They recently went entirely illustration — all of it by top professional artists. Artville is also sold through various umbrella sources such as and (see below).If you are planning a site or re-designing a site, one approach is to select a collection of illustrations from here and then design the rest of the site graphics around that style. It may drive your web designer insane at first, but can save mistakes down road and reduce the number of necessary design meetings. Individual images are available for US$24.95 for low resolution , US$79.95 medium resolution and US$149.95 high resolution. Not all images are available in all formats. Collections are approximately US$299.


These are free (yes, you read right — free) high-quality photos and line illustrations. They also offer some collections for US$29.00. The site is a promotional center for assorted young illustrators and photographers. The illustrations tend towards the juvenile (I did say young and I should also mention male), but there are some good directional and digital object graphics. The photos are mostly of things (buildings, landscapes, household objects) because photos of people require legal releases, but if you need something contemporary and “hip”, you can probably find it here and at a price that’s hard to beat.

Corbis Images

You’ve probably seen a banner ad for Corbis images. There are some incredible images here available for both web and print use. Many are photos you’ve seen before in historical or photojournalist series. The individual images cost US$29 and up for low resolution. The collections run US$249 – 399.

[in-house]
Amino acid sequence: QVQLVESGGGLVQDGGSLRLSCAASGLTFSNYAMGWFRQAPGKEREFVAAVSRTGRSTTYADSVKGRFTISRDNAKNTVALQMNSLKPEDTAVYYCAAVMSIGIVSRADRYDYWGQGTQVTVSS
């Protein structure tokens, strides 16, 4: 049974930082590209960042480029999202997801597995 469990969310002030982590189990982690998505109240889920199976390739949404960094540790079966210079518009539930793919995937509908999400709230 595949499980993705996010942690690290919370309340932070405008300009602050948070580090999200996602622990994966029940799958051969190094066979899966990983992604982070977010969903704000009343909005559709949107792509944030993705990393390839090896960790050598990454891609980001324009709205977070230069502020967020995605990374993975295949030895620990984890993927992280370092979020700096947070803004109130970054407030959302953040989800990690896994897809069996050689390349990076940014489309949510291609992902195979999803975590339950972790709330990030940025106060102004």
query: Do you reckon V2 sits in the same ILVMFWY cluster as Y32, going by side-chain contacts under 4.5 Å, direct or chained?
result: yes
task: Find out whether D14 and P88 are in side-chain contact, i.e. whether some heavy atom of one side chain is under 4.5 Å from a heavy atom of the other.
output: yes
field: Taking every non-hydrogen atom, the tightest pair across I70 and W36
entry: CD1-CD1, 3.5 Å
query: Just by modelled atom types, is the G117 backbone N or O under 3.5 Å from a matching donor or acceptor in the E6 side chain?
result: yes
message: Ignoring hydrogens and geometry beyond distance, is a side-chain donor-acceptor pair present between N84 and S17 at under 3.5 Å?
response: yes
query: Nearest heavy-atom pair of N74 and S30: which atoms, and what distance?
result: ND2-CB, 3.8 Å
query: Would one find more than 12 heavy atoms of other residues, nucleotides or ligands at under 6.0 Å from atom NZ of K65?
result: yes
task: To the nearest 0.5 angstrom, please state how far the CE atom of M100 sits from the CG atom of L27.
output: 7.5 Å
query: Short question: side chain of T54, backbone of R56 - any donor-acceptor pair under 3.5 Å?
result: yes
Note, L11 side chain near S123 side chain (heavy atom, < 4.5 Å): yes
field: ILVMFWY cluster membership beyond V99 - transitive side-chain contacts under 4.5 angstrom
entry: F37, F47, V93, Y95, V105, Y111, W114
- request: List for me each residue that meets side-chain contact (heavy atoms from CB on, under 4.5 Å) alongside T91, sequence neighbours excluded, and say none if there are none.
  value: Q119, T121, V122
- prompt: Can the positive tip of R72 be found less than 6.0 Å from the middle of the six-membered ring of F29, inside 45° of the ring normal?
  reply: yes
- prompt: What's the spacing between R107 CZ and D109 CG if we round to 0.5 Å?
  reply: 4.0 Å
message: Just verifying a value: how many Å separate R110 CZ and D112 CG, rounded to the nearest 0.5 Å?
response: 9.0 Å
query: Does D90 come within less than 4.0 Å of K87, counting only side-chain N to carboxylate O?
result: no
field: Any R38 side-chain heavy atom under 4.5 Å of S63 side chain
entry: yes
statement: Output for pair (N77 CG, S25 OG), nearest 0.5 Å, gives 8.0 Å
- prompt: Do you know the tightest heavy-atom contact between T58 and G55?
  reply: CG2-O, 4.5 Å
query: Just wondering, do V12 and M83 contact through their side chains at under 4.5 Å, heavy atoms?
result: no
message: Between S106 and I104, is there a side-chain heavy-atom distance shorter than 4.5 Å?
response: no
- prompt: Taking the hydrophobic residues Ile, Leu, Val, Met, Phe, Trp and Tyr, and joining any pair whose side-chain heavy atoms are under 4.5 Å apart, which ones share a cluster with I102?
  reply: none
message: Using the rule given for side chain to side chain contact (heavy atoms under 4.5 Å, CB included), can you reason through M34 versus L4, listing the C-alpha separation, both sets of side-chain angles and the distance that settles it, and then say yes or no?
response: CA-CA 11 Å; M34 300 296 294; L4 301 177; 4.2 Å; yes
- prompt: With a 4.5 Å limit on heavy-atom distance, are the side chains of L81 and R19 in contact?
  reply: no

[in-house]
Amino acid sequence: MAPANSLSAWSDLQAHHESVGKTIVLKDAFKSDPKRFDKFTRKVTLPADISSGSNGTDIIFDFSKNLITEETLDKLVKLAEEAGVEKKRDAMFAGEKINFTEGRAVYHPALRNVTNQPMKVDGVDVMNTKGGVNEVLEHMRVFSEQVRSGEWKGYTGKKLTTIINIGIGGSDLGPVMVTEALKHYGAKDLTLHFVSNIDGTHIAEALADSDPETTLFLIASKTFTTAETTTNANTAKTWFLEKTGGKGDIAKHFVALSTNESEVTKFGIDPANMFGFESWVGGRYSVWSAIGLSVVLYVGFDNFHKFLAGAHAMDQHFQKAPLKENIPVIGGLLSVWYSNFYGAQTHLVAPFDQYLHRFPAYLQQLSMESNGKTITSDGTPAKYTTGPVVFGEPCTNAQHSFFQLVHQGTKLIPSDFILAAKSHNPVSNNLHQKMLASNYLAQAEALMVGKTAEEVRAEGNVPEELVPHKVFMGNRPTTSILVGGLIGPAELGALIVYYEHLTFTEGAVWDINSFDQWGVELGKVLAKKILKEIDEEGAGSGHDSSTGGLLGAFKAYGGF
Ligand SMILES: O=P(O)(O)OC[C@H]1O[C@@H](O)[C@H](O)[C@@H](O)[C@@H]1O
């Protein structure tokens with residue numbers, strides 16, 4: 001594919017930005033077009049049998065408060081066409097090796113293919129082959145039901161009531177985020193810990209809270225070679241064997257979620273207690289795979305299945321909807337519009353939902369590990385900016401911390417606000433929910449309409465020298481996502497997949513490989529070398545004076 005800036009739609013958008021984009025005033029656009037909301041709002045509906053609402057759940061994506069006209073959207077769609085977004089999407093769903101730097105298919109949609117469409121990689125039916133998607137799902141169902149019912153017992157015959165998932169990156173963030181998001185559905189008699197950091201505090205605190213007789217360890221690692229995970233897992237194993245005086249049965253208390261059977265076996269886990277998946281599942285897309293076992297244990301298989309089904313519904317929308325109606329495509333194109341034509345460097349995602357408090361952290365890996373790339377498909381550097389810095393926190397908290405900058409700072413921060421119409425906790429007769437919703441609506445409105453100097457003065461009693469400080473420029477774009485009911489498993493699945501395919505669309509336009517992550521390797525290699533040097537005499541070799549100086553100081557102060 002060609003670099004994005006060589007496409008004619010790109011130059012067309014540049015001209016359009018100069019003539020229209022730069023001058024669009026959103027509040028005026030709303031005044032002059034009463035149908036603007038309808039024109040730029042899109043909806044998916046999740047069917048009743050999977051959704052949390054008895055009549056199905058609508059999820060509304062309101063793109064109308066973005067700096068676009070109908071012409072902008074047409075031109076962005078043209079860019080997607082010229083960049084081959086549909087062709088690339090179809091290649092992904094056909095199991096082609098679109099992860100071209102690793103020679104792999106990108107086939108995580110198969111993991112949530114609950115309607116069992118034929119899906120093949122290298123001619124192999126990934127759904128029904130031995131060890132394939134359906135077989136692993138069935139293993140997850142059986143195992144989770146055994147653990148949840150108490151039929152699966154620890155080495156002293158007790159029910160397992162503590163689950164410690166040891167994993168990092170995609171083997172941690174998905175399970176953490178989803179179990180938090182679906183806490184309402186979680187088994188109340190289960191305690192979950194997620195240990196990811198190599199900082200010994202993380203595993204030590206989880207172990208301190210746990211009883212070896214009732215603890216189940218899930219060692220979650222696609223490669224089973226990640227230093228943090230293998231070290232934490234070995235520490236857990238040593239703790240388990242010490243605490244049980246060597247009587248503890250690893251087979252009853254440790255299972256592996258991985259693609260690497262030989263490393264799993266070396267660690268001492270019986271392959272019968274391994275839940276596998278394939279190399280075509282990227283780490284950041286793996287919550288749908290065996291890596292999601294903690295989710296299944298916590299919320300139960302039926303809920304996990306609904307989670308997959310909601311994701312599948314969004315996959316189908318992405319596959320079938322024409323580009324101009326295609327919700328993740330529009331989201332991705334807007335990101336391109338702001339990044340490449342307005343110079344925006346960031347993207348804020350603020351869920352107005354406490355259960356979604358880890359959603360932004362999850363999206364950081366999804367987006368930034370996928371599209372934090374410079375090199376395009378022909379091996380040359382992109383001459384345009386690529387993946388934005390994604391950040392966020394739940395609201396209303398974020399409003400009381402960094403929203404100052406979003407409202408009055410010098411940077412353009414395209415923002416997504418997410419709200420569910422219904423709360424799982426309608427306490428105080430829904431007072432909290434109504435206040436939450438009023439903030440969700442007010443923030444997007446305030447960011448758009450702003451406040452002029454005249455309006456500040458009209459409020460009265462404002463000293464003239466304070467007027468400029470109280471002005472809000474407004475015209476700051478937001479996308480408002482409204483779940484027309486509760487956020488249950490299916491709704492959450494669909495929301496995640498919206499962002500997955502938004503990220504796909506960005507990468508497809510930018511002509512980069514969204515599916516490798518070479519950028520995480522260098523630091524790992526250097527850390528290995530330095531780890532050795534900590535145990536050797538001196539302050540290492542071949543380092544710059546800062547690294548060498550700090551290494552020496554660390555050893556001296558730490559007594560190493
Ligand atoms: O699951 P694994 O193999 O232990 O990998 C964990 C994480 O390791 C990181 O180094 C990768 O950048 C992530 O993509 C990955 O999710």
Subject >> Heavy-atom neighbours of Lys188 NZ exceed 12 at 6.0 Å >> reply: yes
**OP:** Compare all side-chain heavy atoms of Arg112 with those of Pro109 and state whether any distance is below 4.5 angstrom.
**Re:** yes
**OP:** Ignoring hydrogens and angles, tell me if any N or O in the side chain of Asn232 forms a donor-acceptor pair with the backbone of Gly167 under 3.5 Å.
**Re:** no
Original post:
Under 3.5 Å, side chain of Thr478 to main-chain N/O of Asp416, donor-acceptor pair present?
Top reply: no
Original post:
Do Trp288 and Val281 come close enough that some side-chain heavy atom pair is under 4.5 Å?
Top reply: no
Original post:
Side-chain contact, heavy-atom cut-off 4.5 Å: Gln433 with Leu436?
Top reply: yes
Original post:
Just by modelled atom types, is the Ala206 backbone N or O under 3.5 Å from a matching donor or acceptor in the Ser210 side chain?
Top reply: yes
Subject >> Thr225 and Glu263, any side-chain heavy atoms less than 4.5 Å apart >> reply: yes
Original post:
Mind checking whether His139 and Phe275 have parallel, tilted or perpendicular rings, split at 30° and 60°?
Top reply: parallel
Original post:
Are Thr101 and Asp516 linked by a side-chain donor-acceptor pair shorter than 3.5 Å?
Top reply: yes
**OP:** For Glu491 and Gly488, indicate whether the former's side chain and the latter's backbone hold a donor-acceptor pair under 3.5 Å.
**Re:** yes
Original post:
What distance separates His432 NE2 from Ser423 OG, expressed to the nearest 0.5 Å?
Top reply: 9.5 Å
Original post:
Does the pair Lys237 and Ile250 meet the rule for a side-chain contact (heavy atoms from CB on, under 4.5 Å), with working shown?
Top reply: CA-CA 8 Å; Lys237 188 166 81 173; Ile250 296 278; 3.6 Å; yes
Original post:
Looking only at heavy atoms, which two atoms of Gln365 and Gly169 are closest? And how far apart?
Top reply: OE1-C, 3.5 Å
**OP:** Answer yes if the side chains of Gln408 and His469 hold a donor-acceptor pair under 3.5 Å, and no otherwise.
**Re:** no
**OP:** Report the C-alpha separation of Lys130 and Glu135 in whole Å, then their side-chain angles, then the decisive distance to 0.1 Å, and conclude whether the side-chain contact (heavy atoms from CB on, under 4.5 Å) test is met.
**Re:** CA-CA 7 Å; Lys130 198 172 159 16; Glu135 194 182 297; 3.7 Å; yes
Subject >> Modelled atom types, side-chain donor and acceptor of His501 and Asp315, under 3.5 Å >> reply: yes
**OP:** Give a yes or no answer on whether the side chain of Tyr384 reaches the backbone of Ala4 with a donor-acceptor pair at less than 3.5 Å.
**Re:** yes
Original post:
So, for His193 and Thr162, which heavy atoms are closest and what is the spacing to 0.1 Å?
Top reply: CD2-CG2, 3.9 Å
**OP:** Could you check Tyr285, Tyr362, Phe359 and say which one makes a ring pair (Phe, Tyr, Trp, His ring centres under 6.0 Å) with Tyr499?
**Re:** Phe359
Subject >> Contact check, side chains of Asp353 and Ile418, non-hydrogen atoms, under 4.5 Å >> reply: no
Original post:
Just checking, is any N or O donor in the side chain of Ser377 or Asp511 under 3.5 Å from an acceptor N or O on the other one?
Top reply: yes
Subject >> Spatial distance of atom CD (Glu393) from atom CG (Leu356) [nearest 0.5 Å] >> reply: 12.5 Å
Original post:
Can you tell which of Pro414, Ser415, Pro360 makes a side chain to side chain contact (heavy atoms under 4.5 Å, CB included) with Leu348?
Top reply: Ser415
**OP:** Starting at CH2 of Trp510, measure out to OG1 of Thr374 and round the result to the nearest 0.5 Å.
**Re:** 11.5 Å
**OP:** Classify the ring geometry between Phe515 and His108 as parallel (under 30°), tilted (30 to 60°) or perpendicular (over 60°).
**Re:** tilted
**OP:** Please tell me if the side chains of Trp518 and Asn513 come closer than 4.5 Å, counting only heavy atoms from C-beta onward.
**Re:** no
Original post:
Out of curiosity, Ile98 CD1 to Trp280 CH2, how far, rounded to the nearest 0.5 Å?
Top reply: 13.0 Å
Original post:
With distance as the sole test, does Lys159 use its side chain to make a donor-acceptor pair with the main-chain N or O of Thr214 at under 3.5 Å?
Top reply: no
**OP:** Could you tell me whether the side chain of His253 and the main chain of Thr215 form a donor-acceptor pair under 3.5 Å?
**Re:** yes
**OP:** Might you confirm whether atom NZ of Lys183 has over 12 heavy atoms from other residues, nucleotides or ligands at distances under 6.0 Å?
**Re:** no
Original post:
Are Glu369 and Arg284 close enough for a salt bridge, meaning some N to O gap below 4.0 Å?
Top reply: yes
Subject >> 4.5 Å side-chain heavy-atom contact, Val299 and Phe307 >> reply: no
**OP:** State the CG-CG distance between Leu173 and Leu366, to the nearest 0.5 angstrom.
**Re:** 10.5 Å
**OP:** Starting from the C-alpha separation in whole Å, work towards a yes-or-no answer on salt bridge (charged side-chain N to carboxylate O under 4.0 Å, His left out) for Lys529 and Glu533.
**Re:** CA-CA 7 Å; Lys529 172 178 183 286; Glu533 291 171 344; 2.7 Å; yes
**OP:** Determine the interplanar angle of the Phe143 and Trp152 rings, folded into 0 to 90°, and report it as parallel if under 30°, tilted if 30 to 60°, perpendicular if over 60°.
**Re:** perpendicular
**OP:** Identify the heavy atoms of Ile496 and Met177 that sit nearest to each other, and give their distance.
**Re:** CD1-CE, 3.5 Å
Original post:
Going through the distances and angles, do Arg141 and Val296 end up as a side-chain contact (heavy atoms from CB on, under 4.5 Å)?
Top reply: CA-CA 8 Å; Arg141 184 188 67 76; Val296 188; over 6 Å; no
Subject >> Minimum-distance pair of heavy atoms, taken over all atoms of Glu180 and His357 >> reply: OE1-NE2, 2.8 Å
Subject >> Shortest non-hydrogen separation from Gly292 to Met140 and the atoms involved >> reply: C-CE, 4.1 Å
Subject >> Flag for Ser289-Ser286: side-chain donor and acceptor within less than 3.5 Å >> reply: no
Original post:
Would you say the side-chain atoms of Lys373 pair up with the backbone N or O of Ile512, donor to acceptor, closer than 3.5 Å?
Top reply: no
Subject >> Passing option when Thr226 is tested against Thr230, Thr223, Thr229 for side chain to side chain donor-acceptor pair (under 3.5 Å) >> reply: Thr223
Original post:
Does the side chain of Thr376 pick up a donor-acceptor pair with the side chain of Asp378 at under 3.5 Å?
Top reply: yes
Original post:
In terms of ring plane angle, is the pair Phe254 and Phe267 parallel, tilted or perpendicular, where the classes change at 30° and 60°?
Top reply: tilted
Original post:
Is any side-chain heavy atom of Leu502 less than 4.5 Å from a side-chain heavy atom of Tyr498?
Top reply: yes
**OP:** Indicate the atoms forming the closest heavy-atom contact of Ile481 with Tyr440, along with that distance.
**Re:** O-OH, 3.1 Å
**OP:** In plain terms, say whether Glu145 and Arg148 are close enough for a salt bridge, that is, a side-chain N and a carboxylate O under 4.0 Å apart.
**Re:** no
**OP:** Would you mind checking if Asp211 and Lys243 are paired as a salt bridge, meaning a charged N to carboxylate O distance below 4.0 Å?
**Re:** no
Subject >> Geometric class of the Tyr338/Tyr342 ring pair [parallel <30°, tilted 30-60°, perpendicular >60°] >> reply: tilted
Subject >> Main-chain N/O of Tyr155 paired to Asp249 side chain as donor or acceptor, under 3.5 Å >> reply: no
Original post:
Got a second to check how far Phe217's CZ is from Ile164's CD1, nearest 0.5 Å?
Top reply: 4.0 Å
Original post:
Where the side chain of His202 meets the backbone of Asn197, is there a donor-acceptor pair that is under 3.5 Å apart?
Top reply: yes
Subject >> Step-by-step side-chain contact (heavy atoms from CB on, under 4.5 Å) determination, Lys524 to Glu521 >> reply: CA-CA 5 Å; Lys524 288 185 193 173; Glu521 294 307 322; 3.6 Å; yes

The “Super Store” of professional graphics resources such as fonts, photos, illustrations, clip art, video footage, audio and more. The work with a number of sources, including Artville and PhotoDisc, and offer a free online publication of tips, techniques, amusements and artists profiles as well. You can purchase individual downloads for varying prices depending upon resolution and artist as well as an incredible number of fine collections.Individual downloads start at US$19.95 and head up to US$69. Collections start at around US$149 and continue into the thousands. Eyewire will now give you credit towards the purchase of a collection CD if you’ve purchased any single image from that CD.


Another umbrella source like eyewire. Lots of good art providers like Artville, Rubberball, Corbis, eletraVision, with comparable pricing to Eyewire. My only complaint is that you register to even see what’s available.


The Granddaddy of stock photography which didn’t offer royalty free images until last year. This site has some nice tools for searching and maintaining an account, some freebies from time to time and, if you register, you can order their free image comping CD and catalog to keep at hand while working. The best source if you need something very different or hard to find. Single images run US$29.95 for low resolution, $99.95 for medium resolution and $179.95 for high resolution. Single CDs run US$99 – $329 with 104 images per CD (good value for the money) and Bundles (collections of CDs) run US$387 – $1125.

If you’re looking for a comprehensive graphics and illustration program, a free 15-day trial of Deneba Canvas 7 can be found at